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As Sting’s uncle says in Dune, “He who controls the spice controls the universe.” Back here on earth, the sentiment is not far off. For centuries, trade routes have been carved, fortunes made, and people subjugated all for spice—nutmeg and pepper, saffron and cardamom, vanilla and cinnamon.
That fraught history means it’s worth taking a second to pause next time you find yourself reupping on coriander. Flavor is certainly one reason to take care with where you source your spices. Depending on the type and whether it’s whole or ground, spices can lose their potency in as a few as six months. A jar of ground cumin could conceivably have been sitting on a grocery store shelf for several months, its valuable volatile oils evaporating all the while. Your supermarket cinnamon is also likely to be cassia cinnamon instead of Ceylon cinnamon—which isn’t bad, just…less good—and if you’re not thoroughly scrutinizing labels, you could wind up with artificial vanilla flavoring instead of pure vanilla extract.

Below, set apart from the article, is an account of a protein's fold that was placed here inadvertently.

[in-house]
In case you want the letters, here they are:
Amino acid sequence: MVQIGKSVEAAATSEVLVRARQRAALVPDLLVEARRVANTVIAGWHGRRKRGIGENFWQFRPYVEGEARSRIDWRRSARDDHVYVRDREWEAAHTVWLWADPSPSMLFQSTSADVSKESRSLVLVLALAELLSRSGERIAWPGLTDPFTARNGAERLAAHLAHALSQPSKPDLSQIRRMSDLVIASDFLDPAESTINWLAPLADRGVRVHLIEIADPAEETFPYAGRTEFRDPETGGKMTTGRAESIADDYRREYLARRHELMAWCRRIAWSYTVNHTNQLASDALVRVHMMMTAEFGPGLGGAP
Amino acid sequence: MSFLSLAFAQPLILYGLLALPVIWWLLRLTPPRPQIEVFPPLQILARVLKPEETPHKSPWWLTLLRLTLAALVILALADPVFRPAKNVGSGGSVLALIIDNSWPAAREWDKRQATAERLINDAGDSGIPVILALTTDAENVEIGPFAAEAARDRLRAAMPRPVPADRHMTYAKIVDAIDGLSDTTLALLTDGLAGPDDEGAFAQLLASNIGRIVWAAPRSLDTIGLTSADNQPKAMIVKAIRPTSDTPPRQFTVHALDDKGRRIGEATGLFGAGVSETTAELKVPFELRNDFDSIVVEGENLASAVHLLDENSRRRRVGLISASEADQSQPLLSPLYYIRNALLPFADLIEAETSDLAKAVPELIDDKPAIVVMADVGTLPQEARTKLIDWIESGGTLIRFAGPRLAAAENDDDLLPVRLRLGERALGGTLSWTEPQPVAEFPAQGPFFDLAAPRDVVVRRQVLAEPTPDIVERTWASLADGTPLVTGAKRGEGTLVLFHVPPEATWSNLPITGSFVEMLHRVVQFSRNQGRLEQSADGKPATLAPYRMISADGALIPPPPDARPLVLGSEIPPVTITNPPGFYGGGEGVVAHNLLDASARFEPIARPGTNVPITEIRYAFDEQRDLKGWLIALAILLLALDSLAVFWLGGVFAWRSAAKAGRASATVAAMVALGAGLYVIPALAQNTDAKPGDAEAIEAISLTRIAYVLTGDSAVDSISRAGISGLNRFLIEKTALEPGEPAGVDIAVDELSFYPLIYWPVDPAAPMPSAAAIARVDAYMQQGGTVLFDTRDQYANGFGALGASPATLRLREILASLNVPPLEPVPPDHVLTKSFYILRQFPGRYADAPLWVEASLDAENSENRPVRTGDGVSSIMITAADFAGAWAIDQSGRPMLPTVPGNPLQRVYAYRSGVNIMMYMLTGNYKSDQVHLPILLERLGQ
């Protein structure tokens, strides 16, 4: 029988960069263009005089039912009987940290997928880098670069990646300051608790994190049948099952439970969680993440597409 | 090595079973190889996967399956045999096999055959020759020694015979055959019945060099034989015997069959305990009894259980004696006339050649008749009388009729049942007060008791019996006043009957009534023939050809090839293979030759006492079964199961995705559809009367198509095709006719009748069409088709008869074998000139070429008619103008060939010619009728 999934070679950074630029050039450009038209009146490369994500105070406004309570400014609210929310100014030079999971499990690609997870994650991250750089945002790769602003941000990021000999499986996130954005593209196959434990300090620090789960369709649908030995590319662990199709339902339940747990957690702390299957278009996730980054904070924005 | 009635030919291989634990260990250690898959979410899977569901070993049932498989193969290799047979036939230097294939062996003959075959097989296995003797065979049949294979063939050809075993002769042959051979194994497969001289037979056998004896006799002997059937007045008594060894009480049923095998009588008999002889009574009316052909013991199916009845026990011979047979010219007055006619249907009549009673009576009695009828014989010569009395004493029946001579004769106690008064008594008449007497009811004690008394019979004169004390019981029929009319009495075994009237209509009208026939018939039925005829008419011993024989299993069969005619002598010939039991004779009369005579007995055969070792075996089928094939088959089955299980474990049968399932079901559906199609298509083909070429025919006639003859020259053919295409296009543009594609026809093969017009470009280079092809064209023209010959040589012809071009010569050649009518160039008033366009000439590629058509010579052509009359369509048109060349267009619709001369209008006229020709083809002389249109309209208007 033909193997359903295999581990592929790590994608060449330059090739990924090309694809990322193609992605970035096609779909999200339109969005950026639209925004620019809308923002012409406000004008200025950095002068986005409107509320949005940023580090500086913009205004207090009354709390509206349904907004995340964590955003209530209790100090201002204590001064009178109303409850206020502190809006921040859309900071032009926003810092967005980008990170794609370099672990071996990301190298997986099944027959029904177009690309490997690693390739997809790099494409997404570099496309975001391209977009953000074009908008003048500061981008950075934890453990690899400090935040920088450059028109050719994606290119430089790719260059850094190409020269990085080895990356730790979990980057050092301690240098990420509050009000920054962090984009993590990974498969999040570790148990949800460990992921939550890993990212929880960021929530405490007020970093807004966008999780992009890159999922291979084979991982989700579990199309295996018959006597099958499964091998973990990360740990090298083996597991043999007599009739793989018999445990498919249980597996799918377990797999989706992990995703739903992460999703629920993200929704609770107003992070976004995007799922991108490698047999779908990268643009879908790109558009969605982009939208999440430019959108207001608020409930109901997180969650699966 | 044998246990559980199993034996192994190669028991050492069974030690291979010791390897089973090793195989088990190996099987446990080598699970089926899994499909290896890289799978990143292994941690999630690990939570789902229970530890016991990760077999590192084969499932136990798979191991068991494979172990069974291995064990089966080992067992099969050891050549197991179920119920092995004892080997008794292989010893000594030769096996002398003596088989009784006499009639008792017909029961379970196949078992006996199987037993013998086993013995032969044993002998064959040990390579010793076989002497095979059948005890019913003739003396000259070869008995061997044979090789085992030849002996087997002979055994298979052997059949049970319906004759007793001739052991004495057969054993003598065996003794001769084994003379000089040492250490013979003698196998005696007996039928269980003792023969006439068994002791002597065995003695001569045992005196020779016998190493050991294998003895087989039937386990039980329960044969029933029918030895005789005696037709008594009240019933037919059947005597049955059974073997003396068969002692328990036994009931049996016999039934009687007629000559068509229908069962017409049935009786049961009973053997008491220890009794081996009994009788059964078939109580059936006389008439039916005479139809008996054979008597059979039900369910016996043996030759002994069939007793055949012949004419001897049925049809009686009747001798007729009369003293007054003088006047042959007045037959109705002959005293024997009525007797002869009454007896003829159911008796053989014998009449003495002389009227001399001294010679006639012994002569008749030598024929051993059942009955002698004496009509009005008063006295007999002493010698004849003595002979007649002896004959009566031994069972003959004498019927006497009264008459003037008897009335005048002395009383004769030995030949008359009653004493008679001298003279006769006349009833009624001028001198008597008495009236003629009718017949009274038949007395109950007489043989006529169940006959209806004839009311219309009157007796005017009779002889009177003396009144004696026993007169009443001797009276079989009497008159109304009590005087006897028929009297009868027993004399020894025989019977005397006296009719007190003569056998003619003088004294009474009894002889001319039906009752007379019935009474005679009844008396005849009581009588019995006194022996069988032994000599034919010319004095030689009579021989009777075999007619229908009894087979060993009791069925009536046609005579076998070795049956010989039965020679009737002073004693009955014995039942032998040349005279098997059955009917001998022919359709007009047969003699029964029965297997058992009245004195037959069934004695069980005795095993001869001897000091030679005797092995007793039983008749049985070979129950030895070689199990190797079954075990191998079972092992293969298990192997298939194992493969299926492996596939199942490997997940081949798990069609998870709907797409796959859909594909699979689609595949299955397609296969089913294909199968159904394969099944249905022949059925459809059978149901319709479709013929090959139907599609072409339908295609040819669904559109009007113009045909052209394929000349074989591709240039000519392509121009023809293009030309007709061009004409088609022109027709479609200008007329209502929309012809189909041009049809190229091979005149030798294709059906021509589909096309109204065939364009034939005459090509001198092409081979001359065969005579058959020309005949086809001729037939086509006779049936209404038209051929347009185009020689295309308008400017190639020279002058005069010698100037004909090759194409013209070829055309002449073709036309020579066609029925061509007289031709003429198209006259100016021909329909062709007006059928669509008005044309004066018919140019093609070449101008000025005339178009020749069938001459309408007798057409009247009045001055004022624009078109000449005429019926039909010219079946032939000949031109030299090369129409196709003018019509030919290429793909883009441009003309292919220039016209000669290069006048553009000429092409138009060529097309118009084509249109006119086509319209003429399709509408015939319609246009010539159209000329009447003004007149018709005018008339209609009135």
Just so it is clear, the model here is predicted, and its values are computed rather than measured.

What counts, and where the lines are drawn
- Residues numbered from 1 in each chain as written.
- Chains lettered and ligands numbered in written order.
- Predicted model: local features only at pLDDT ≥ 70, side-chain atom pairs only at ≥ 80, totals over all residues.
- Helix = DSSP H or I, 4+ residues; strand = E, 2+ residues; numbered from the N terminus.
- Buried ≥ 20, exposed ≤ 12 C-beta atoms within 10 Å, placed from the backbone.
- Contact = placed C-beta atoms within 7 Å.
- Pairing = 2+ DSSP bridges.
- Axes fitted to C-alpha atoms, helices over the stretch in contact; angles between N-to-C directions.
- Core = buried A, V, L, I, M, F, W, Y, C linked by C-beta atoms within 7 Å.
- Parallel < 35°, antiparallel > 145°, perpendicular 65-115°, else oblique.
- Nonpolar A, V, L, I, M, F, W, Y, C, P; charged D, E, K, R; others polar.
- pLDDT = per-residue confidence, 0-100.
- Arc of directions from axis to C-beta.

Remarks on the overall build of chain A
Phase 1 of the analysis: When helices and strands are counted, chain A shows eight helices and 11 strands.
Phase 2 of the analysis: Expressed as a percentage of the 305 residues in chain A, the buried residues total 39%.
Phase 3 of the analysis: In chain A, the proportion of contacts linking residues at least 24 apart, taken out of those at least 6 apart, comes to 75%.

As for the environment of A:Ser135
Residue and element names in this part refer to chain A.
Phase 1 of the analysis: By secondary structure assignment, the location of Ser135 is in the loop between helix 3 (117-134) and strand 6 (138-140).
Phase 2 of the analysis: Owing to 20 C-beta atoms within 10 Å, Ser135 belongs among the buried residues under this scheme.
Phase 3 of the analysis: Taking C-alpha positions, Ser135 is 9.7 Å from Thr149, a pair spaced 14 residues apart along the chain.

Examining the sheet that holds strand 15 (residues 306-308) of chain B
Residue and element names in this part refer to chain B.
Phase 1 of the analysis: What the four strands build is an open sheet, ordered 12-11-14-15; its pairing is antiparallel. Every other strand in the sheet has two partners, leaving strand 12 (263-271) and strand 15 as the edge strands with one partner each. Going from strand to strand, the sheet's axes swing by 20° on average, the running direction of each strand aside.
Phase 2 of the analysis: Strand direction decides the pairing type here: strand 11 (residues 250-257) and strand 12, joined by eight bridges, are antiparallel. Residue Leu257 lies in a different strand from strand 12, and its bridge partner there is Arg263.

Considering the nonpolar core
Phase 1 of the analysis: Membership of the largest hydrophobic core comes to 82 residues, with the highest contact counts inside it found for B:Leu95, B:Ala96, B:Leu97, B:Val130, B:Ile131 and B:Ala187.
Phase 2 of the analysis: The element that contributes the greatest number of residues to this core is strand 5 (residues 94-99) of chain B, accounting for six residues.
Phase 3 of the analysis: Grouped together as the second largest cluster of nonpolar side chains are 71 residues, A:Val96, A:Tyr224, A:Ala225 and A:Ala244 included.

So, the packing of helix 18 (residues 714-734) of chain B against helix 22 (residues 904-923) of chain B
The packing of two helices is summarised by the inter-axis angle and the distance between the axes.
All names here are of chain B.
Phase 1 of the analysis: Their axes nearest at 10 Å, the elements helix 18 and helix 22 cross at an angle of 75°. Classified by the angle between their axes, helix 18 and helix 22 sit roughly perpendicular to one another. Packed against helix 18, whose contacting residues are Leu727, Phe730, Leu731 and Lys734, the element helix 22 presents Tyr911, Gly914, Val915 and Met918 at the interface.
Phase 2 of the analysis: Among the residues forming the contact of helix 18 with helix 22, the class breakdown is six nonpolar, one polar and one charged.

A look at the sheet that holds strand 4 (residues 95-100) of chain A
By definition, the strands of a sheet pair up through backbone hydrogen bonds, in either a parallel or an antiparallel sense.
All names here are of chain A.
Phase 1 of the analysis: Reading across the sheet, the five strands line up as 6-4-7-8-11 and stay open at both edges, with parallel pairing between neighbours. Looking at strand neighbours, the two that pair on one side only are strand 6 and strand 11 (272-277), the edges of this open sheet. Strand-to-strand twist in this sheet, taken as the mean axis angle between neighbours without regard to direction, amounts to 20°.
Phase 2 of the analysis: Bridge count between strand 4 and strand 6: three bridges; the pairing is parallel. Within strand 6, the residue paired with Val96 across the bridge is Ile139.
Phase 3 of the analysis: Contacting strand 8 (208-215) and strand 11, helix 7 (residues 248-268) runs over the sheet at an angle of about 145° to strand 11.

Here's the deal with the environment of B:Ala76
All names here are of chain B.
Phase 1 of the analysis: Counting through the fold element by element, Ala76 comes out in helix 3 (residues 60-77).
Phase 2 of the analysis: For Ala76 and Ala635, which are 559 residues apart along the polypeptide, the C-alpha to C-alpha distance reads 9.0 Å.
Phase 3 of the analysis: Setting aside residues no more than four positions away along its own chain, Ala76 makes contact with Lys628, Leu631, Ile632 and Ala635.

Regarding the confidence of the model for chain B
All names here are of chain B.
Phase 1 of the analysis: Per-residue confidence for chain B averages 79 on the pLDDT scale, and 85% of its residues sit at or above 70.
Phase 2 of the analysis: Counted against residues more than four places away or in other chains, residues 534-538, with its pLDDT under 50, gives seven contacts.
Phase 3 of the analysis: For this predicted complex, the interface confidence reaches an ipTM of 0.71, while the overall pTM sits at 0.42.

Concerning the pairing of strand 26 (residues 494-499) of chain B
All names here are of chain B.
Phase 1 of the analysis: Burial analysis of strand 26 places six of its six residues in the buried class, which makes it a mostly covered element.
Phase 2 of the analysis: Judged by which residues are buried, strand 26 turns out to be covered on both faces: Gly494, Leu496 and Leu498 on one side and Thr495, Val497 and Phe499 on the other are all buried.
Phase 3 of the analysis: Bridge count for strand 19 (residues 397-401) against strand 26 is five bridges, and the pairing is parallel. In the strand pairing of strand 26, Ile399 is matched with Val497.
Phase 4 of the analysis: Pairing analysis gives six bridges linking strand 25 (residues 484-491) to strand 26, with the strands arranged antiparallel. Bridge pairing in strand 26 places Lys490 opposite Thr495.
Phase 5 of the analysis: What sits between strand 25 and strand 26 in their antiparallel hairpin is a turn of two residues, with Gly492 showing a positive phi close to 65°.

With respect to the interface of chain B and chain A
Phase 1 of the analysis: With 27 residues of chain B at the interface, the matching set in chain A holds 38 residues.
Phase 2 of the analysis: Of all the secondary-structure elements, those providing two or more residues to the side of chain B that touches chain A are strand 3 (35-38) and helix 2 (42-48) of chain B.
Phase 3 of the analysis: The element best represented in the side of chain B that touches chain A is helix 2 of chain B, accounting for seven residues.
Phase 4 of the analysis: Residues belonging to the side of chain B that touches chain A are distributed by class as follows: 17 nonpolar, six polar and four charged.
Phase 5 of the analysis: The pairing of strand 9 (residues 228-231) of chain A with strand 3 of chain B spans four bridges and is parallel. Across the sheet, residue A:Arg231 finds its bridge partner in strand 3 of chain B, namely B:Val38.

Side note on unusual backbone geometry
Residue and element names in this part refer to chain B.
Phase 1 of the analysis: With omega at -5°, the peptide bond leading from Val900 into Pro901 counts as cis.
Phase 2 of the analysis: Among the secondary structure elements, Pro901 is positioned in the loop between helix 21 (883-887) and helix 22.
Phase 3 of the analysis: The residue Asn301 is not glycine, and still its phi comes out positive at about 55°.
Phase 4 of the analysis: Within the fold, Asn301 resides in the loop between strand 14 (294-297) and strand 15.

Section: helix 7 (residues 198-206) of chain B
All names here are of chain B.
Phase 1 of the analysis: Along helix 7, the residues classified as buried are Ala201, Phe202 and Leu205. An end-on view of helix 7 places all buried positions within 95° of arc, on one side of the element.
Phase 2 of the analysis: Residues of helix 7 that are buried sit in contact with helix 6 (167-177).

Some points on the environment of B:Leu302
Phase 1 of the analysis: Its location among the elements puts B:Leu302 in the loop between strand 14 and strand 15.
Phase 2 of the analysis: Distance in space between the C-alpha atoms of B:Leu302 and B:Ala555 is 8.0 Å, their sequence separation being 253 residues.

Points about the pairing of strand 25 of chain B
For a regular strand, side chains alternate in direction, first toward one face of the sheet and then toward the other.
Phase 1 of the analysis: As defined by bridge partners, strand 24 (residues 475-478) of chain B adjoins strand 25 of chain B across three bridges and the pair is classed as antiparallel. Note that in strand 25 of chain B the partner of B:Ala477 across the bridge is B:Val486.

But knowing where your spices come from is important for other reasons as well. Most spices still reach your kitchen in much the same way they did when the Dutch East India Company was operating in the 17th century—they were grown or foraged by someone in a country close to the equator, and they have passed through multiple hands before reaching their final destination. Because there are so many brokers, traders, processors, and other middlemen, those supply chains generally lack transparency. And with “spice” being a catch-all term encompassing scores of different crops grown in scores of different countries, each individual supply chain comes with its own challenges. Are the foragers making a living wage? Have the spices been adulterated by middlemen? Is climate change forcing farmers off their land?
Your best bet is to buy from a company with the shortest supply chain possible—ideally one that sources spices straight from their origin and sells them directly to you. By cultivating personal relationships with their farmers and foragers, these companies not only ensure that their customers are getting flavorful, fresh, high-quality spices, but also that their suppliers are being paid fairly. For spice growers, many of whom live in some of the poorest countries in the world, a trusted partnership with an ethical importer can mean a pathway to economic security.